Tag Archives: ACORN UK

Cranes Soaring to Escape London

New Orleans  One thing that intrigued me in both England and Ireland over the last two weeks was the amount of construction in every city I visited.   These were not little small-time projects, but giant cranes building skyscrapers in most of the cities.

Manchester was out of control.  On the tram in Manchester going to the office, I looked out and could see seven or eight cranes in the distance with existing towers already in place way outside of the city center.  I asked the organizers what’s up, and they pointed behind me to the other side of the tram car, and there were another three or four right there as well.  Going into Leeds train station I counted eight cranes on the horizon of this smaller city.  Walking along my accustomed route to Bristol’s Temple Mead station in the last half kilometer, I was walking between multistory buildings going up with new construction on both sides of the street.  Sheffield almost the same thing.  Then again in Dublin, the members said there were building all over the city center.

I kept asking, “What’s happening?”  Are there new jobs or corporate relocations driving this?  The answers varied, but no one really knew.  In some places, Dublin and Sheffield particularly the fingers pointed towards construction of student housing where developers build privately for universities and cop an extra 25% on the rents to the desperate students.  In other cities, as we scratched our heads, there were no clear answers.  Land was cheaper, we speculated in the north, but that doesn’t factor enough for developers to risk millions and millions.  Most of the construction was high-end rentals or condos it seemed. The only real answer seemed to be that either there already is a mass exodus from the exorbitant cost of housing in London that is driving people elsewhere to have an opportunity to ever buy or even to rent something or that developers realize that London has become so crazy that the hordes are bound to be coming.  Either this is the biggest favor that London has inadvertently done some of the other cities or there is a huge bubble in high-end and quasi-commercial buildings.

One thing is clear from everyone.  Almost none of this is about building social housing or affordable housing so that existing residents in these cities can find decent housing.  In Dublin for example, organizers were telling me that many people are decamping from there to Glasgow because the cost of housing is cheaper there.

None of this seems sustainable or sound policy about how to grow and who to serve in growing, which seems to make a crash unavoidable.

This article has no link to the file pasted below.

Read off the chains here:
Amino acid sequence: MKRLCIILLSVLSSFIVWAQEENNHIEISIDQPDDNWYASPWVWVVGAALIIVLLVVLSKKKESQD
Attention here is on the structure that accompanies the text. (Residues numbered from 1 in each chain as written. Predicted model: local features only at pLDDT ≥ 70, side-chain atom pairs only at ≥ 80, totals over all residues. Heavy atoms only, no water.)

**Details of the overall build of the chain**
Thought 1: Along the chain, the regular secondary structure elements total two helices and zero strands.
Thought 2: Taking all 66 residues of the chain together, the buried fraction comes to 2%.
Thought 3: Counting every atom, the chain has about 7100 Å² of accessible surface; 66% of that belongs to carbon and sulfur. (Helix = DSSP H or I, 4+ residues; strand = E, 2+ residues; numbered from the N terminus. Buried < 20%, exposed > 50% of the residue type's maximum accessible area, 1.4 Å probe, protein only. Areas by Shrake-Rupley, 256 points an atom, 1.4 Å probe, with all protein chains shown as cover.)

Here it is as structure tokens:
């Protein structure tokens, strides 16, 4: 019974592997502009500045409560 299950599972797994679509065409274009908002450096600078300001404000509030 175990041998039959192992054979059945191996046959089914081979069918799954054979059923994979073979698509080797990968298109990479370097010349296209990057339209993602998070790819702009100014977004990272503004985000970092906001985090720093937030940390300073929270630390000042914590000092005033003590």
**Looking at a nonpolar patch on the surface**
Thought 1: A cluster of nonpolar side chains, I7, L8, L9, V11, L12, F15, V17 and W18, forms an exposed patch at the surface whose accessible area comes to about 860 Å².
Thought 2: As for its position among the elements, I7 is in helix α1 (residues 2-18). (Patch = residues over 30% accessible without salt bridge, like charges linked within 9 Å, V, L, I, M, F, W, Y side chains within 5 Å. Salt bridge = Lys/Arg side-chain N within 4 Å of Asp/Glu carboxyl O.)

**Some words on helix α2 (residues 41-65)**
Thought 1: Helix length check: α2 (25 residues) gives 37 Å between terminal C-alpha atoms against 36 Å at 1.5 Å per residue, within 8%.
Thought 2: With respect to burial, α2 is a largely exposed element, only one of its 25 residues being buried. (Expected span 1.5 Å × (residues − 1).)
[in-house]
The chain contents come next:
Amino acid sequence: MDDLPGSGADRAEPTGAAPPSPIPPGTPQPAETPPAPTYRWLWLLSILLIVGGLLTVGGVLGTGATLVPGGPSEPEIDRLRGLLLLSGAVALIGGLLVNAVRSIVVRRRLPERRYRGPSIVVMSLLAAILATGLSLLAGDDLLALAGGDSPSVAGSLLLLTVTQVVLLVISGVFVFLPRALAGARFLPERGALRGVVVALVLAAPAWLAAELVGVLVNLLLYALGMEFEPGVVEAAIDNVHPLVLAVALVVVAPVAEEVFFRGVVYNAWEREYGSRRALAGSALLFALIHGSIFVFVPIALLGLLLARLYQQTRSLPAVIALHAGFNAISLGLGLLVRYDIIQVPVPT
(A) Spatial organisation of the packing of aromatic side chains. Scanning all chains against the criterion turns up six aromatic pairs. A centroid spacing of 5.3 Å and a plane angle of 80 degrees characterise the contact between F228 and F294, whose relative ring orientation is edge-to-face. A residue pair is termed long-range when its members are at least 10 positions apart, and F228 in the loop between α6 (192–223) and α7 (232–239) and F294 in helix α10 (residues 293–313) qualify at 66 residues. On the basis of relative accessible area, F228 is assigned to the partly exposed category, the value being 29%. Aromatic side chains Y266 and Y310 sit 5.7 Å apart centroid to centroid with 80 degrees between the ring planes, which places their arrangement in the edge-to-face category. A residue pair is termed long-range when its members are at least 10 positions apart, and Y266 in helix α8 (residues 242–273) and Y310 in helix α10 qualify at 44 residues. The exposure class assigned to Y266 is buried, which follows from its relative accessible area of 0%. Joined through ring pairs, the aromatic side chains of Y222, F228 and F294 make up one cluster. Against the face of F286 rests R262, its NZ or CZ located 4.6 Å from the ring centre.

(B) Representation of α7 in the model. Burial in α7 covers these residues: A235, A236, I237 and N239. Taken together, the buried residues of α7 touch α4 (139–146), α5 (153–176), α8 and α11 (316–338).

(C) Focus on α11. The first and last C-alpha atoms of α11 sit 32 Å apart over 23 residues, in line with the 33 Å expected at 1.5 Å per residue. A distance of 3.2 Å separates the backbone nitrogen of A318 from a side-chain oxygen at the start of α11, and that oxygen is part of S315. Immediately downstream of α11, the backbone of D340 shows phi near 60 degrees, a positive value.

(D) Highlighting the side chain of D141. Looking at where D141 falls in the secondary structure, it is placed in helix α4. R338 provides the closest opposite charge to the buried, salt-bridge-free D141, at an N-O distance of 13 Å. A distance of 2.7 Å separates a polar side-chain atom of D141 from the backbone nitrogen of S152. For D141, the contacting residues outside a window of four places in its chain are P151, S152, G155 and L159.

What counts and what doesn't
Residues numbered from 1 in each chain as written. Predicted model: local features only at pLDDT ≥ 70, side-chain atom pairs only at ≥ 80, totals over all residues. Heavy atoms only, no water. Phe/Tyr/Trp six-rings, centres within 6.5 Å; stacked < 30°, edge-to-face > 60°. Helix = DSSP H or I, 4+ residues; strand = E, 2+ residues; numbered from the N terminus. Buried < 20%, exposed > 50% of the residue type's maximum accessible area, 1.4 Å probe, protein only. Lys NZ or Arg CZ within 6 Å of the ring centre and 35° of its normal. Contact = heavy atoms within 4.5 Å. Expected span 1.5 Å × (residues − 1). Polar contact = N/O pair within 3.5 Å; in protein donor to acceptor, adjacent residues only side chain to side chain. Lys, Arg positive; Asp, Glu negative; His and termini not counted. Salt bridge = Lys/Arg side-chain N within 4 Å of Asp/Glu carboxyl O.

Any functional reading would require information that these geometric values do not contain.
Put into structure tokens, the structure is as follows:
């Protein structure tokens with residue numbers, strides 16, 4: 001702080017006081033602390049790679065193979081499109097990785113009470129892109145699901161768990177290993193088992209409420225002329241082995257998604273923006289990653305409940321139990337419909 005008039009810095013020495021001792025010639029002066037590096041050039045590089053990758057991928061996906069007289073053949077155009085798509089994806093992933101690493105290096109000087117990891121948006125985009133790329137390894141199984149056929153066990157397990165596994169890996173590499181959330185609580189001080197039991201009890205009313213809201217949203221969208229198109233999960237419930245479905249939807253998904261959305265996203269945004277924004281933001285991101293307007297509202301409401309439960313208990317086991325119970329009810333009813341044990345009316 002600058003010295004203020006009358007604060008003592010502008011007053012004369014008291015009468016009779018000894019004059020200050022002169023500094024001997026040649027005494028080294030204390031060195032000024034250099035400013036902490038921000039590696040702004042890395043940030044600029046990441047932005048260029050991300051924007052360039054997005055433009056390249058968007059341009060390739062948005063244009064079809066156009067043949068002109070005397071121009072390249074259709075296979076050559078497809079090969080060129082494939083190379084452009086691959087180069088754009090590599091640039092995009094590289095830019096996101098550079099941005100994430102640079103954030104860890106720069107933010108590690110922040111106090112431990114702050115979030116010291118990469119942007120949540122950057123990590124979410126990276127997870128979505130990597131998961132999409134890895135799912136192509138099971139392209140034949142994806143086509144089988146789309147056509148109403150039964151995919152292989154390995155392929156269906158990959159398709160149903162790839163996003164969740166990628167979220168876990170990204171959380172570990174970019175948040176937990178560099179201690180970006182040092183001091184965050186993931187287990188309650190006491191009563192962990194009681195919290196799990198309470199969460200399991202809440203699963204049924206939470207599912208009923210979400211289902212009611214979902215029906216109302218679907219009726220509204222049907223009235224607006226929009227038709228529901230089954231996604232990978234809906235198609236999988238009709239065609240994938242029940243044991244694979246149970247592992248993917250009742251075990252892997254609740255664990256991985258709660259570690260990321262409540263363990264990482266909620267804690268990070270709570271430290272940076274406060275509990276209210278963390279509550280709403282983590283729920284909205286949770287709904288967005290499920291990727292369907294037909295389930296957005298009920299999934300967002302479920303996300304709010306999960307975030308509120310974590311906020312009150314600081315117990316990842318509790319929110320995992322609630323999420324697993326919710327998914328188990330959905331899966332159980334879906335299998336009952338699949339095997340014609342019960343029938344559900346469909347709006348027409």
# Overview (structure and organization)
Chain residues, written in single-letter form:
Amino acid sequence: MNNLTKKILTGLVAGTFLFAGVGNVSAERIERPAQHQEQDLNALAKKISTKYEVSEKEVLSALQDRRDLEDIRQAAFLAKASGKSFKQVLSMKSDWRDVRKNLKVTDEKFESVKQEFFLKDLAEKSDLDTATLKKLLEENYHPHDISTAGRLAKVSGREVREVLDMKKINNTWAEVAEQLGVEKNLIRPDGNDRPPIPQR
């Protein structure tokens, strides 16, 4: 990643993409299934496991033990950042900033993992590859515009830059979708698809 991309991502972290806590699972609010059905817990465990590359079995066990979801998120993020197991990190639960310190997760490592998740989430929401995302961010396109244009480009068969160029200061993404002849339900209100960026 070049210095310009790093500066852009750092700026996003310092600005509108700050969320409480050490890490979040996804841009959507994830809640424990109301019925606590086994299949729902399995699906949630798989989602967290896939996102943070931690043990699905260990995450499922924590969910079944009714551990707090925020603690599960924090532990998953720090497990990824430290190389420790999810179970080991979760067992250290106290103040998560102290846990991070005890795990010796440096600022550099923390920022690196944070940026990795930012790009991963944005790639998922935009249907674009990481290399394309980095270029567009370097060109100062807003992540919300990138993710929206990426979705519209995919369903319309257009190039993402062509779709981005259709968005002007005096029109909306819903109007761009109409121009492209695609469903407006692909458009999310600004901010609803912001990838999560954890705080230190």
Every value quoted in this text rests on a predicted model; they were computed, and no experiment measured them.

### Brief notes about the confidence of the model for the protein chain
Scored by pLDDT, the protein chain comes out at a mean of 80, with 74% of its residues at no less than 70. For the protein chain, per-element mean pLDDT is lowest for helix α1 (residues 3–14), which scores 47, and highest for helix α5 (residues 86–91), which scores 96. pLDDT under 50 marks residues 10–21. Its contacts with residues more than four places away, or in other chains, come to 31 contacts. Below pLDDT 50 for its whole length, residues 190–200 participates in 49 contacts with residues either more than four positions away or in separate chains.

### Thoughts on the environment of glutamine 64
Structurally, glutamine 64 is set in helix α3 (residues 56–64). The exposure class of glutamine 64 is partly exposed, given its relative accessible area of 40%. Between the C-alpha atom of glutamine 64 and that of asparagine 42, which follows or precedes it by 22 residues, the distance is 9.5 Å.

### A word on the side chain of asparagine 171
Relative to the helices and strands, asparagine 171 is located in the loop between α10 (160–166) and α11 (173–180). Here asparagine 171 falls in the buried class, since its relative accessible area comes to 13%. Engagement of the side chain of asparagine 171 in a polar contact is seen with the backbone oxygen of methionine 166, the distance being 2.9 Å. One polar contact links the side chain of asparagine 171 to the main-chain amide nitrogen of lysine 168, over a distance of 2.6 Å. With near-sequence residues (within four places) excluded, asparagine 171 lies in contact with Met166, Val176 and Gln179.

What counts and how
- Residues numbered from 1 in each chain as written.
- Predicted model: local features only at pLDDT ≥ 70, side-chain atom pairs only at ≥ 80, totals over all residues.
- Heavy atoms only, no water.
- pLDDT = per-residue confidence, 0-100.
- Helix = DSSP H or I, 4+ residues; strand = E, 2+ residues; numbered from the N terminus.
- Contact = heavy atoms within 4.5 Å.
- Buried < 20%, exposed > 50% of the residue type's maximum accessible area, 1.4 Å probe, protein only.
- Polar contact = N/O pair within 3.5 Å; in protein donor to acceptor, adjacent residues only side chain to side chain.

***

Please enjoy Grace Potter – Back To Me [Feat. Lucius]

Thanks to WAMF.

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Organizing Culture is Strong in UK ACORN

Manchester     Leeds had been my last stop with the team as we barnstormed our offices in England.  Leeds was a new chapter that had self-organized with support from the other offices to over one-hundred members, and visiting with them in and around the showing of “The Organizer” documentary it was easy to see why they had showed such success with a crowd of over forty pouring into the Saturday matinee.

The banner made by a team of folks was one of the best constructed ACORN banners I had ever seen.  Trying to ask before the showing who had made the banner, I encountered nothing but dissembling.  No one wanted to take credit, even though many admitted having their hands on the job.  I would talk to one, and they would point to another.  That was interesting to me.

It turned out that in a rarity for ACORN local groups in their formation that they also had doubled up in other areas.  There were two communication officers, not one.  Two events coordinators, and so on. When there were jobs to be done, they had figured out a good way to get more people on the program.  I overheard them discussing the fact that some other progressive group had offered to cook dinner for all of them at their next meeting.  Good solidarity might be a hallmark in northern England.

at the Pub

They aren’t alone in the UK.  Going to a nearby pub is common practice in both Scotland and England.  There were ten of the forty in Leeds in the after session.  Even more in Manchester and Sheffield.  It’s not your standard debriefing, but a social event among kindred spirits and comrades, and seemingly part of the standard time commitment for the activists involved in building the group.  Business is done.  Ideas and suggestions come up.  In Bristol, I listened to the events coordinator and other members discuss ideas for a future picnic, how to handle a politically astute local band that wanted to play for ACORN at some kind of affair, and so on.  A giant bus for an action demanding more public control of the bus system had been made at a something the organizer referred to as a “craftanoon,” short for a crafting afternoon, I assumed, which seemed like a thing.

Leeds screening for The Organizer

There are different organizing cultures elsewhere, but like most cultures, this works here.  In Manchester, a woman showing up at the pub for a pint after the session allowed her to reengage and explain why she had been missing in action for the last year but was ready to be involved again.  Another woman turned out to be from London and the pub gave her an opportunity to assess the local scene and offer suggestions on contacts and funding bids to the organizers.

Gluing people together takes form in a lot of ways in organizing, and it was good to watch – and be a part of – the deepening strength of the organizing culture in the United Kingdom all across the country.

Bristol Office

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